We also have a lumber yard that has been here since 1953 and can and will order anything that is needed for construction. I buy all my exotic hadrwoods there. It takea a few days and the prices are only 10% higher that I would pay in a wholesale supply. And, they deliver…

    I am very thankful for my little town, (18,000) and all the exceptionally nice business owners.

    Want a look? The Dalles Oregon, end of the Oregon trail. Wagon trains either had to float down the Columbia to the Wallamette Valley or go South to another trail over the Cascade Mountains, South of Mount Hood.

  • Judy says:

    While I don’t disagree with anything said above, I do feel the need to give some additional perspective. We’ve lost two independant hardware stores since I moved to this town 18 years ago. The first was right after I moved here, so that closing had nothing to do with big box stores as there were none here or anywhere nearby at the time.

    The second closed a few years ago, and I suppose they may have blamed it on the big box that had arrived a few years back. It was a GREAT hardware store; they had EVERYTHING. Including a visible haze of smoke from the owners and several employees who smoked in all parts of the store, at all times of the day. I’ve got respiratory problems, and I couln’t be in there for more than a few minutes, and then only at the end of the day as it was so bad I’d have to go home and clean up immediately. Maybe for some, that smoky haze is part of the experience, but for me, it meant going there only as a last resort, as much as I might have preferred it otherwise. The new tenants told me that a number of people had asked them, when they mentioned they’d be moving into that space, how on earth they thought they’d ever get rid of the smell.

    There is still a small, independantly owned lumber yard here, which I tried to patronize whenever possible. However, the front was often tended by people whose response when I asked whether they had an item would often be, “If we have it, it would be over there,” or something similar. The back was manned by people who clearly did NOT want to be bothered with anything out of the ordinary; at least not unless it was a large order. At best they were not at all helpful about any special requests, and at worst were snippy, short, and rude to me when I asked about anything not in stock. After years of this, I did finally decide not to waste my time (and theirs, as clearly they weren’t very interested in having my business) there any longer.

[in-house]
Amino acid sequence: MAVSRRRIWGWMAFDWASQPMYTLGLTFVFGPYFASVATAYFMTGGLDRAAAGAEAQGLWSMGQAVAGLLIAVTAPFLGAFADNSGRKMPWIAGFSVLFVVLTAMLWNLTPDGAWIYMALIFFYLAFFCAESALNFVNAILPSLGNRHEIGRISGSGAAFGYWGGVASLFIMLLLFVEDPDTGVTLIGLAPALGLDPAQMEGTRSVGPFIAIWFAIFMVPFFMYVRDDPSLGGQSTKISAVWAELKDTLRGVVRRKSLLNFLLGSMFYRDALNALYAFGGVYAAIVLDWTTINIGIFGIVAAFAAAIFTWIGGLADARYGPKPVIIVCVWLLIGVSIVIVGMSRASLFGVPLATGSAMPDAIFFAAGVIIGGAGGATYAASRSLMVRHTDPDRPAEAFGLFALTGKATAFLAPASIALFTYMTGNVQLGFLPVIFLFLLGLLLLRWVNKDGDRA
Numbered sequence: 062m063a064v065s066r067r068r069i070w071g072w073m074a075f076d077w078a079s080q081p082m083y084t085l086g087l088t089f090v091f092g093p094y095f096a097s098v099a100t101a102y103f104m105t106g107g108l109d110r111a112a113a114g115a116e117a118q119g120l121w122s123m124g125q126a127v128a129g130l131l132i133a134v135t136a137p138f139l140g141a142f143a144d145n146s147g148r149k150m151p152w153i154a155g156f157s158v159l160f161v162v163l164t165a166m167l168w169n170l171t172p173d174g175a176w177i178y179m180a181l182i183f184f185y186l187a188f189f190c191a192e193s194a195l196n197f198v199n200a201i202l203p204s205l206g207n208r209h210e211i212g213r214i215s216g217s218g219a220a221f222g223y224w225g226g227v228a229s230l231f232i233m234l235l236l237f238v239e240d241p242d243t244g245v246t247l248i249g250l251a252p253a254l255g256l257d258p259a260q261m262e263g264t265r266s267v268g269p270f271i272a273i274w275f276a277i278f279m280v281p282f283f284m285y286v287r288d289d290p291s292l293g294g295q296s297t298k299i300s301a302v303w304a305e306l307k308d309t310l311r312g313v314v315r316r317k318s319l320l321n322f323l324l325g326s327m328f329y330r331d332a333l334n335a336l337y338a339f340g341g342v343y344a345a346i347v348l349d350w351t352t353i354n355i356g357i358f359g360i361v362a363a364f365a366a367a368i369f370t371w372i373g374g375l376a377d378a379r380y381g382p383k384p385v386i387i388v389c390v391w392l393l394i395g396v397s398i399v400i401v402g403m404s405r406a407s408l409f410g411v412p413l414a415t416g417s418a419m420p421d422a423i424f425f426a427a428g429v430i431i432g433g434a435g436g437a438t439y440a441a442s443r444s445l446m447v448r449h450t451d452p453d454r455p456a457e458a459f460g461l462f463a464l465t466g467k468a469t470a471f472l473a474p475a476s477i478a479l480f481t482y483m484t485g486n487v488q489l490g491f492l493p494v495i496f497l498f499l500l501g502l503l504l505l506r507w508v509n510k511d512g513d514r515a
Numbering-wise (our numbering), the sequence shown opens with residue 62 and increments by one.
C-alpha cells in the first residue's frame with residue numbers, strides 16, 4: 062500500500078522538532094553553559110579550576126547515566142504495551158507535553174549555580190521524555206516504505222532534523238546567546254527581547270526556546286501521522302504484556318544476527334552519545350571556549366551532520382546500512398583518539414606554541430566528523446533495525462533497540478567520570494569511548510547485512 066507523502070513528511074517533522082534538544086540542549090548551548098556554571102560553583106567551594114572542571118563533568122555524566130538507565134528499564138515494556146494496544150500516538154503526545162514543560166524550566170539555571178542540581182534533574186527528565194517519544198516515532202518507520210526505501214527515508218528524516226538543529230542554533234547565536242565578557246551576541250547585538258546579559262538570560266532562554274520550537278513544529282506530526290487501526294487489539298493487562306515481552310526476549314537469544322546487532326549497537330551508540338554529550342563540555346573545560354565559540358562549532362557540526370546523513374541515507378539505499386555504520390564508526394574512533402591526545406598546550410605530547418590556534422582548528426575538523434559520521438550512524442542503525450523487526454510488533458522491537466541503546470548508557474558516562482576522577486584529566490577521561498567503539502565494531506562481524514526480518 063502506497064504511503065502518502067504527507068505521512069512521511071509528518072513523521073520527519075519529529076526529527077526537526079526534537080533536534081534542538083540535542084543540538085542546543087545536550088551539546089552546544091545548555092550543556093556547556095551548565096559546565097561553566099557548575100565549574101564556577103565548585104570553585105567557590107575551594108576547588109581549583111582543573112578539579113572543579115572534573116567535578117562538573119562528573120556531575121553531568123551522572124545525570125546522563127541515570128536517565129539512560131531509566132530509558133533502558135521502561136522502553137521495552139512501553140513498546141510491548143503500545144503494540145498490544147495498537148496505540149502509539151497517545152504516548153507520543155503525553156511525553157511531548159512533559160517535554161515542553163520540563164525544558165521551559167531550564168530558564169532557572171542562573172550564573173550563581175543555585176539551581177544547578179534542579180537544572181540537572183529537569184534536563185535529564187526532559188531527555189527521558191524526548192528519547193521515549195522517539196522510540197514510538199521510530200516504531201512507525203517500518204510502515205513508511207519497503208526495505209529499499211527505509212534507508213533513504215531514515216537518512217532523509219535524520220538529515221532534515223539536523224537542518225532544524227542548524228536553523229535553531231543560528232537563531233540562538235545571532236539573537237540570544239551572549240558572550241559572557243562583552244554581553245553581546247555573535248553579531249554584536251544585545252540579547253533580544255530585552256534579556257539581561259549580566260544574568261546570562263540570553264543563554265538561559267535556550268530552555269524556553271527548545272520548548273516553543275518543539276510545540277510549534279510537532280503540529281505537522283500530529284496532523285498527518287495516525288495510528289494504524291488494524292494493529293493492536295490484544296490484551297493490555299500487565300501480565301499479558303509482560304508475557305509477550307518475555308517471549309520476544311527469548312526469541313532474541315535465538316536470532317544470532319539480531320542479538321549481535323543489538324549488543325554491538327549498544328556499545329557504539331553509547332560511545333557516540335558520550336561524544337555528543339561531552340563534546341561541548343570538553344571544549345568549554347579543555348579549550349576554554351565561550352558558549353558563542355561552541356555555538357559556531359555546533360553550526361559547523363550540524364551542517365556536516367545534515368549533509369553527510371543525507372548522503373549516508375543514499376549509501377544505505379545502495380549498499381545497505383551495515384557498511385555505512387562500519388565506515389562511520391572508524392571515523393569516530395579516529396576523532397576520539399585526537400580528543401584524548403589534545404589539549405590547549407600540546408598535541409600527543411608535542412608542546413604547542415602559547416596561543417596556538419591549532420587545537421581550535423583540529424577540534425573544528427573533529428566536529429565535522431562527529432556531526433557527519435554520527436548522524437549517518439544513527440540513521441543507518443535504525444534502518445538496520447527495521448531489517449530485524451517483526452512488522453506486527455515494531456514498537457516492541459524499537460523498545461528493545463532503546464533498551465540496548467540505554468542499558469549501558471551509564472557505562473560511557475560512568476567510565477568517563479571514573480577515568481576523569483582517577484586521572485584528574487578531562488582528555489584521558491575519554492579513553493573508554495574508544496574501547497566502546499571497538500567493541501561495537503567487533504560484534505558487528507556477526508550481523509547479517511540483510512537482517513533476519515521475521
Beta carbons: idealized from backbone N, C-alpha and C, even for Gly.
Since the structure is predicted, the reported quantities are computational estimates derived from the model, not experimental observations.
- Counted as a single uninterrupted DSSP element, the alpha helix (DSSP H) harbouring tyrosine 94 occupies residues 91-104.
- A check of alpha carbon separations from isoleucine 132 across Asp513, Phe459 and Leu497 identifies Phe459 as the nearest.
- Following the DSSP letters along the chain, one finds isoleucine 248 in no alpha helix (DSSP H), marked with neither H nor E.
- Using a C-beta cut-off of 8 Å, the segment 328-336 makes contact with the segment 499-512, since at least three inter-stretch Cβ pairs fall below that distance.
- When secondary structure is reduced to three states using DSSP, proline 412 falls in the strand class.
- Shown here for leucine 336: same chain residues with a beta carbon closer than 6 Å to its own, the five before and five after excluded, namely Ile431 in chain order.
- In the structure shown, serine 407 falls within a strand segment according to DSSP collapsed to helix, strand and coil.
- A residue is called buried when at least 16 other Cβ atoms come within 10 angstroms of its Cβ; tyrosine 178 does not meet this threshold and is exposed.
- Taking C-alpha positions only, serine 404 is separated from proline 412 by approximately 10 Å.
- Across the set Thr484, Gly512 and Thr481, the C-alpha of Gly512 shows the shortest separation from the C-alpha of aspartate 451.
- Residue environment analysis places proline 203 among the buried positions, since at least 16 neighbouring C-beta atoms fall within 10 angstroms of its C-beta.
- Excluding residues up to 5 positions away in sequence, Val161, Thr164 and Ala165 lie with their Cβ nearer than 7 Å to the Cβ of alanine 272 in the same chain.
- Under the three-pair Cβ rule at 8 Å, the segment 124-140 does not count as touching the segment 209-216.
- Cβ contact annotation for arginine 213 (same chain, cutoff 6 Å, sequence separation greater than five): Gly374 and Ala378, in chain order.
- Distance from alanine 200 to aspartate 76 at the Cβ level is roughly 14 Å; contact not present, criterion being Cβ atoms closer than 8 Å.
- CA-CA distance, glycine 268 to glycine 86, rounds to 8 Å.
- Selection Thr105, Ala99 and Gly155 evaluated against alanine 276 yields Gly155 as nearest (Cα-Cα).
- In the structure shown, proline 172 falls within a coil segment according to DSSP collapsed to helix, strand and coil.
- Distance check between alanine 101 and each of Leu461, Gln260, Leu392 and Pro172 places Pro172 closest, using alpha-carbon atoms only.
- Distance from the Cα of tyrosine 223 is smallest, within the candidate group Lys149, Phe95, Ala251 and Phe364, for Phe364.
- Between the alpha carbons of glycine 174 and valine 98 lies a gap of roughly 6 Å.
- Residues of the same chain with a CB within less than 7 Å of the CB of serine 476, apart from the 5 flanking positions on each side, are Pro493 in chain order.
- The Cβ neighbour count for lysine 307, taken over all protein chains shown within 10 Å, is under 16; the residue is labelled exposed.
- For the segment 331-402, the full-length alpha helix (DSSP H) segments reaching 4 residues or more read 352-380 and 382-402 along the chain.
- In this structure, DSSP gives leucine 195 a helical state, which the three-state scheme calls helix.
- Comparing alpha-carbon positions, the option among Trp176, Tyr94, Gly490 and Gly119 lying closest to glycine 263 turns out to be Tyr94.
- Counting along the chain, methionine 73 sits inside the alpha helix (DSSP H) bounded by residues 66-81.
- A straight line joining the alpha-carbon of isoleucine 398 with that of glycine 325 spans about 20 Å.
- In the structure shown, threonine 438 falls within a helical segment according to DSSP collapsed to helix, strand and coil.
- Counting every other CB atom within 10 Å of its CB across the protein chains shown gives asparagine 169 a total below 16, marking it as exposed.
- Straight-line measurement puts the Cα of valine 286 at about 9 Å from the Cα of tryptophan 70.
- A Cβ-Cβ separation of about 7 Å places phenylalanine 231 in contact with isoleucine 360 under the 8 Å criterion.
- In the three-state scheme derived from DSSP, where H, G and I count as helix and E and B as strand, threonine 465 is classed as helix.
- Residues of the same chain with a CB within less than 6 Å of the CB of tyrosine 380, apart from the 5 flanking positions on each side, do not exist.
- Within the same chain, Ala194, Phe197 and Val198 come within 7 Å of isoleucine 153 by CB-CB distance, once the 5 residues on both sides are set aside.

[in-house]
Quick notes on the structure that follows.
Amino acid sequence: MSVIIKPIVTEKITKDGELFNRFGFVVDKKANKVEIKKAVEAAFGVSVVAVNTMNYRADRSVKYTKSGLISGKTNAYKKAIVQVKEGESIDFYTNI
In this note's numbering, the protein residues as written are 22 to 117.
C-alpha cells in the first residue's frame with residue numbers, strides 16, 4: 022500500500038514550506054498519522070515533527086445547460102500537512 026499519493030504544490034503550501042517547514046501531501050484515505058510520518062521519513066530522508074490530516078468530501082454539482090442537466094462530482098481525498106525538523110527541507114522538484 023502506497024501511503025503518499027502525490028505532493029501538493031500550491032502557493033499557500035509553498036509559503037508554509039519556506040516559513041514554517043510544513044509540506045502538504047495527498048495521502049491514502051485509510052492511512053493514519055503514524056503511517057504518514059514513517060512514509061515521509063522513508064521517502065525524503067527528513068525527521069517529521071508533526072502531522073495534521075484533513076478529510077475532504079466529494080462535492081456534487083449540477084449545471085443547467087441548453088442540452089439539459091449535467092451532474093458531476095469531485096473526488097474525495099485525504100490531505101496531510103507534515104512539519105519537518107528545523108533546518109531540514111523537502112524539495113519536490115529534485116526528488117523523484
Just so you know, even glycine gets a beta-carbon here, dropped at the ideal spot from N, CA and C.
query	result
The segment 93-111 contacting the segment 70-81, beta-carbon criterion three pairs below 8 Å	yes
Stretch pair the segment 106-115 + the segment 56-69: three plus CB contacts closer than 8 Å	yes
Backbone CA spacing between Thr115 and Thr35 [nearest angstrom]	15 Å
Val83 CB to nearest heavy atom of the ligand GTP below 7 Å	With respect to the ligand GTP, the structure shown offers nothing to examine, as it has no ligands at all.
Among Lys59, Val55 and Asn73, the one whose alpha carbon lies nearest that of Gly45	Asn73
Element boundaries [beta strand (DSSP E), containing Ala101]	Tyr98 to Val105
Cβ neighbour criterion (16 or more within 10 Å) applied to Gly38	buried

Yes, it is a real tragedy that smaller, locally-owned stores are so often driven out of business by large chains that are often not really very good alternatives. However, not every such small store provided the great inventory and service we like to recall. I refuse to feel guilty for not patronizing a store that is indifferent to my business.

    In fact, rather than go to our local big-box, which is badly run, and has a terrible hardware department, I often drive to the next town to go to the big-box there (different brand). It is well-run by mostly knowledgable people, and has a very good hardware department. Not even the big boxes are all alike.

  • Joe Connors says:


    I used to live in Woodland, the town where I believe your shop is. I think the hardware store you are referring to was Cranstons. They had everything! They were the go to hardware store. I remember an old gentlemen in there I just didn’t recall his name. Thank you for bringing up an old pleasant memory!

  • A new “improved” America. I really believe we could restructure and get the small businesses back. The first step would be to think of a small business as one with ten or less employees. Our government has been worthless at helping this size business. It would be a big help just to have one tax for this size out fit and the government could figure out what goes where. Seven quarterly reports for a guy with one part time helper is insane.

  • BigStick says:

    The small business maybe past the point of no return.
    Government regulations have strangled the start up capital needed to open a business. The greed is rampant and the constant threat of being sued or fined or shut down to create a better environment for the employees. Why did big business go over seas, “to stay alive”.
    Insurance company, gas prices, workmen’s comp increase School Taxes and income taxes. Health insurance benefits’ became impossible to pay. Homer did his job every day,
    day in and day out. We moved to a service economy and now live off China goods that create goods that are made for a throw away economy. Junk is junk and now Price is the issue, how cheap can it be made. I still use my electric razor made in Holland by a American company and it is now 50 years old. I appreciate all the Homers out there; maybe will have a nice small hardware store again, after all David did slay Goliath.

  • Isn’t it amazing that everyone moans and groans about the Walmarts and Home Depot but they still support them with their dollars because it is “CHEAPER”. Don’t support bad behavior. The strength of the dollar is louder than words.

  • Douglas says:

    The only time I will support Walmart is if I am looking for a cheap video to watch. For anything of REAL quality you won’t find me shopping there!!!! I don’t think they know REAL QUALITY.

  • Dave Sochar says:

    I have been in a Wal-Mart twice in my life. I do not go to Lowe’s or Home Depot (unless I have to), but patronize the small hardware store with older clerks that know hardware and understand what you need. While things may be a few cents more, more of that money stays in the community, and even the worst parking space is closer to what I need than the handicapped spaces at BigBoxCo.

    The sad part is the loss of regionalism. It used to be that as you traveled, accents, words and food all took on new flavors, the flavors of the region that came from years of local culture. Now you get off an interstate and all the food is crap, the people are drugged, and the culture is gone.

    Damn, I sound like an old man!